Washington – Jar’Edo Wens is an Australian Aboriginal deity, the god of “physical might” and “earthly knowledge”. He’s been name-dropped in books. Carved into rocks. And now conclusively debunked.
There is no such figure, it turns out, in Aboriginal mythology; instead, Jar’Edo Wens was a prank dropped into Wikipedia nine years ago by an anonymous Australian.
By the time editors found it, he had leaked off Wikipedia and on to the wider internet.
At nine years, nine months and three days he had also broken every other Wikipedia hoaxing record.
Ask any diehard Wikipedian about hoaxes, and they’ll call them a natural byproduct of the Wikipedia project: since the open-sourced encyclopedia opened in 2001, pranksters, vandals and saboteurs have done their best to disrupt it.
But in the past year, Wikipedia hoaxes appear to have grown more frequent – or at least more visible. Editors have uncovered 33 major hoaxes since January, including several about fake bands and fake political parties. Of Wikipedia’s 16 most egregious hoaxes, 15 were discovered in the past six months. There’s no telling, of course, how many hoaxes haven’t yet been dug up.
To understand how misinformation spreads on Wikipedia, you must first understand how the site works. Anyone can edit Wikipedia: more than 130 000 readers have done so in the past 30 days. But because open editing is an obvious recipe for disaster, the site is undergirded by a vast volunteer bureaucracy. These editors and administrators aren’t technically affiliated with Wikipedia or Wikimedia, the nonprofit that oversees the site. But they spend hours policing the site’s new changes.
Their success rate, by all accounts, is pretty high; in a recent interview with 60 Minutes, Wikipedia co-founder Jimmy Wales said he no longer saw vandalism as much of a problem.
And yet, critics like Gregory Kohs, a former editor, and his colleagues at the Wikipedia watchdog Wikipediocracy maintain that there are untold errors that editors don’t even know about, let alone fix.
On Monday Kohs wrapped up an experiment in which he inserted outlandish errors into 31 articles and tracked whether editors ever found them. After more than two months, half still had not been found – and those included errors on high-profile pages, like “inflammation”. (By his estimate, more than 100 000 people have seen the claim that volcanic rock produced by the human body causes inflammation pain.)
Editors recently caught a 6-year-old article about the “Pax Romana”, a fictitious Nazi programme. Likewise “Elaine de Francias”, the invented illegitimate daughter of Henry II of France.
“I think this has proved, beyond a reasonable doubt, that it’s not fair to say Wikipedia is ‘self-correcting’,” Kohs said.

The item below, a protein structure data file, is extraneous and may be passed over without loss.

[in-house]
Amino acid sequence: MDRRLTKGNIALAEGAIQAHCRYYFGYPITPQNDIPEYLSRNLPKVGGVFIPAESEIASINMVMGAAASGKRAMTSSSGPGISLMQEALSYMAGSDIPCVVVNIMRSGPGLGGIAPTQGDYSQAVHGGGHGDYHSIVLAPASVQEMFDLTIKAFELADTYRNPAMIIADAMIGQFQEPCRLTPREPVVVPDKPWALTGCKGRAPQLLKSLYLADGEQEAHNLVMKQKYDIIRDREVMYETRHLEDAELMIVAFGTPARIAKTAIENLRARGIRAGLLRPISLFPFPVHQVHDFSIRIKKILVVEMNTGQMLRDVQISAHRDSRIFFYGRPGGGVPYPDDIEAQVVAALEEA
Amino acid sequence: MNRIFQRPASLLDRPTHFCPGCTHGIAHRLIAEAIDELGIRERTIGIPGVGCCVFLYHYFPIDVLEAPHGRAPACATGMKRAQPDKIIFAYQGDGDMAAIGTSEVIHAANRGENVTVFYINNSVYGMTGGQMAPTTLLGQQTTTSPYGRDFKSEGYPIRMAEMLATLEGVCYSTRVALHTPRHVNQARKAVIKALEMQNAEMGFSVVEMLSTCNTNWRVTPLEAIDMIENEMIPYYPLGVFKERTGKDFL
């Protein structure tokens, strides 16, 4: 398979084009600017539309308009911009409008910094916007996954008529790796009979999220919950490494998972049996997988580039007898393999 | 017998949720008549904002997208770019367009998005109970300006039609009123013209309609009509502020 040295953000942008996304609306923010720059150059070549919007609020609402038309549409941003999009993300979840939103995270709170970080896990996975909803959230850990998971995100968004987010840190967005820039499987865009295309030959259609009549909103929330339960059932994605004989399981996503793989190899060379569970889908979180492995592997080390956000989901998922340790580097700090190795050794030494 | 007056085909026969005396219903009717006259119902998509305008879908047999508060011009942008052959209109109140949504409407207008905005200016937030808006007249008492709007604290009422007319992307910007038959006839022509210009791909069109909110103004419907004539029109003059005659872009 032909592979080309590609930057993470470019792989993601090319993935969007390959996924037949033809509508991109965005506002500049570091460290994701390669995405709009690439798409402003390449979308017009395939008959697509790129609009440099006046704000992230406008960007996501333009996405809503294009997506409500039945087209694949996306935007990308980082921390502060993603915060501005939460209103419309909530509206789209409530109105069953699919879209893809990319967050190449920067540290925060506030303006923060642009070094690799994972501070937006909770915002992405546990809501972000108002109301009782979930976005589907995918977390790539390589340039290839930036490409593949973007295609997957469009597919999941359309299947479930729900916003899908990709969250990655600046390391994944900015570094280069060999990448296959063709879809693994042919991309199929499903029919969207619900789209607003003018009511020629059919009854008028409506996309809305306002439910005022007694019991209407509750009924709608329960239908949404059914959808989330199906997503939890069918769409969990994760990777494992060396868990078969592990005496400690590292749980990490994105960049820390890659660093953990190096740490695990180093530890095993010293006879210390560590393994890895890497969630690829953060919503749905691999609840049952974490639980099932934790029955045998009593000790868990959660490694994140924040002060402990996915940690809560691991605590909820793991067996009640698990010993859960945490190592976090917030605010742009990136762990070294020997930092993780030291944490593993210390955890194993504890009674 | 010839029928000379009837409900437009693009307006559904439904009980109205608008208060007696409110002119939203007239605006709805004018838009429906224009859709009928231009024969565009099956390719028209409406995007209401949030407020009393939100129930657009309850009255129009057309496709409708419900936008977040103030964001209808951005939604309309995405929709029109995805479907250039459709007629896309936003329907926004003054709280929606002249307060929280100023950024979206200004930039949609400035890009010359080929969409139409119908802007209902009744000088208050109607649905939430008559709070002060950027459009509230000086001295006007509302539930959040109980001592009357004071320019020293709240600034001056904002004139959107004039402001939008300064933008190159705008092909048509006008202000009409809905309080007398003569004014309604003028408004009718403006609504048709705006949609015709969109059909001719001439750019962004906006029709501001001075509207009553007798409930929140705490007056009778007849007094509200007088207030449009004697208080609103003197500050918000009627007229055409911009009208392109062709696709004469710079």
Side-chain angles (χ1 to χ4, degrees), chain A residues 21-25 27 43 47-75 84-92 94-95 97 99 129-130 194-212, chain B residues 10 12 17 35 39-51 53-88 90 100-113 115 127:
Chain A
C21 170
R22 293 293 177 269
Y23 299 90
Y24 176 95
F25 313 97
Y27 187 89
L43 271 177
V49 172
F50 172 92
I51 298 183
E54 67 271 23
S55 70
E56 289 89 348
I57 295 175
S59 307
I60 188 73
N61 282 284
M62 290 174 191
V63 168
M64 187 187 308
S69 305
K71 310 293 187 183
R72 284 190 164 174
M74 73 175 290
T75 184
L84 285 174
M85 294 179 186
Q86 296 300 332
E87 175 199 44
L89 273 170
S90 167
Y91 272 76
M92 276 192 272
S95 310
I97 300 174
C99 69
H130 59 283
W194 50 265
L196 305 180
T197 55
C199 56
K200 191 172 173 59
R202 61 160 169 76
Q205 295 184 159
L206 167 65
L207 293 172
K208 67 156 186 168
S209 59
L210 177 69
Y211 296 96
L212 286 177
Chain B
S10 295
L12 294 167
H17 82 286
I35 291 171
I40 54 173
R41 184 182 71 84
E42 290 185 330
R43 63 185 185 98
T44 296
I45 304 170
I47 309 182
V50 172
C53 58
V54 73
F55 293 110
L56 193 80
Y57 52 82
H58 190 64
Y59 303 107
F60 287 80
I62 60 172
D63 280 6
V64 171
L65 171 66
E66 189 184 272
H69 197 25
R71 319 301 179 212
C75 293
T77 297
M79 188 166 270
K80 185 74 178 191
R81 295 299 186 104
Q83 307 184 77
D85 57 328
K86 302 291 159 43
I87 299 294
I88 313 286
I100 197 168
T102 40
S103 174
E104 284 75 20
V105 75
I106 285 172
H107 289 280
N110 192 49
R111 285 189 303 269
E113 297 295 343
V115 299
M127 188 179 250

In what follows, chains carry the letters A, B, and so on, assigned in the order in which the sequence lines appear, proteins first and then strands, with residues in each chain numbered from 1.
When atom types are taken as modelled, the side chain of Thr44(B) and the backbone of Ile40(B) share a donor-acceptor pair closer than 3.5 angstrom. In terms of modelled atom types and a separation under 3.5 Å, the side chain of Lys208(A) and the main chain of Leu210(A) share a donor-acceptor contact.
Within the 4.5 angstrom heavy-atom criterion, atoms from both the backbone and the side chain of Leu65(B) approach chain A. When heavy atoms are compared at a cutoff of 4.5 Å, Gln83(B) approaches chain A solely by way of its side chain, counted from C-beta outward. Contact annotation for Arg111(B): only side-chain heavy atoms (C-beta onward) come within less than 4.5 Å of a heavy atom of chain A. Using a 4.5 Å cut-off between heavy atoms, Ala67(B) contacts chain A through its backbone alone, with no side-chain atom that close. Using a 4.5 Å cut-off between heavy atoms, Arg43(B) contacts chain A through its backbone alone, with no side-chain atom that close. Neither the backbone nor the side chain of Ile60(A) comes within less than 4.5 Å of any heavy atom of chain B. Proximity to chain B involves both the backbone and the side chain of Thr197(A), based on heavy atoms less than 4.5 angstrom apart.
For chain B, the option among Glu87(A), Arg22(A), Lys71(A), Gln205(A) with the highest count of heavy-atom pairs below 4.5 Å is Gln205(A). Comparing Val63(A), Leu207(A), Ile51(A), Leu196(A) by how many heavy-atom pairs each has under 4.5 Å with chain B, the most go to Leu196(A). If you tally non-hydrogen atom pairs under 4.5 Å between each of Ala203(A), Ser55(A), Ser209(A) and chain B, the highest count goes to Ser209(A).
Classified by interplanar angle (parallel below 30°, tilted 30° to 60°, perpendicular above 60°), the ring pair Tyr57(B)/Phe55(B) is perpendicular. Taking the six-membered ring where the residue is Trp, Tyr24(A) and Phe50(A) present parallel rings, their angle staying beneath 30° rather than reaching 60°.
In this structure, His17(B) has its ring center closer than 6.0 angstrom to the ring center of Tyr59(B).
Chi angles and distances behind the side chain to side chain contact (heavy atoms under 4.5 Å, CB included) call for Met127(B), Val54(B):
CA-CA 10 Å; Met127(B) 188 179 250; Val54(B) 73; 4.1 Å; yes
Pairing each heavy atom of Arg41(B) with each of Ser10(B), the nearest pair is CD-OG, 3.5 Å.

There is not much data to conclusively confirm or deny this. While Wikipedia’s accuracy has been a favourite subject of study for internet-minded academics, the usual methodology compares articles from an authoritative reference work with their Wikipedia equivalents. Since the Encyclopedia Britannica doesn’t have articles on Jar’Edo Wens or Elaine de Francias, most studies that have trumpeted Wikipedia’s accuracy haven’t accounted for intentional hoaxes.
Wikipedia logs every change to every article page on a tab called “history”, just as it logs discussion of every article on the so-called “talk” page. Editors didn’t stop by Jar’Edo Wens’s page too frequently, but someone made a grammar fix in 2006, and someone flagged the page for lacking sources three years later.
In November last year, an anonymous user tagged the page as a possible hoax: “Not found in several (reliable sources) on Aboriginal religion,” the user noted. The page still wasn’t immediately taken down; it’s Wikipedia policy to debate articles, sometimes at great length, before deleting them.
On March 3, veteran Wikipedia administrator Ira Matetsky deleted the “blatant and indisputable hoax”, calling it an “embarrassment”.
“Wikipedia is uniquely vulnerable to deliberate mistakes,” Matetsky said. “But Wikipedia is also uniquely gifted at its ability to fix misinformation.”
As of this writing, there were 5 476 unreviewed pages in the English Wikipedia, the oldest of which had been around 111 days.
It’s not perfect, exactly. But Matetsky points out that newspapers, books and GPS systems also make minor errors every day.
“The question is not whether Wikipedia is more or less reliable than a day at the New York Public Library,” Matetsky said. “The question is whether Wikipedia is more or less reliable than whatever other results top Google search.”
When there are no other Google results, of course, it’s hard to call either way.
But even given the growing awareness of hoaxes, what’s a Wikipedian to do? There are 4.8 million pages on the site’s English version, but only 12 000 veteran editors. That works out to roughly 400 pages a volunteer. You hear frequent references to a feature called “pending changes” promised by Wikimedia in 2010 and again in 2012. The feature would hold new edits in a queue until an experienced editor could review them. On German Wikipedia, this feature has long been the norm.
Still, this doesn’t change the numbers problem at the core of Wikipedia. Today’s editors are largely young, white, Western men. It’s no coincidence that, in Kohs’s vandalism experiment, an error on an obscure New York canal was corrected, while lies about Ecuadorian customs, Indian legends and Japanese history were not.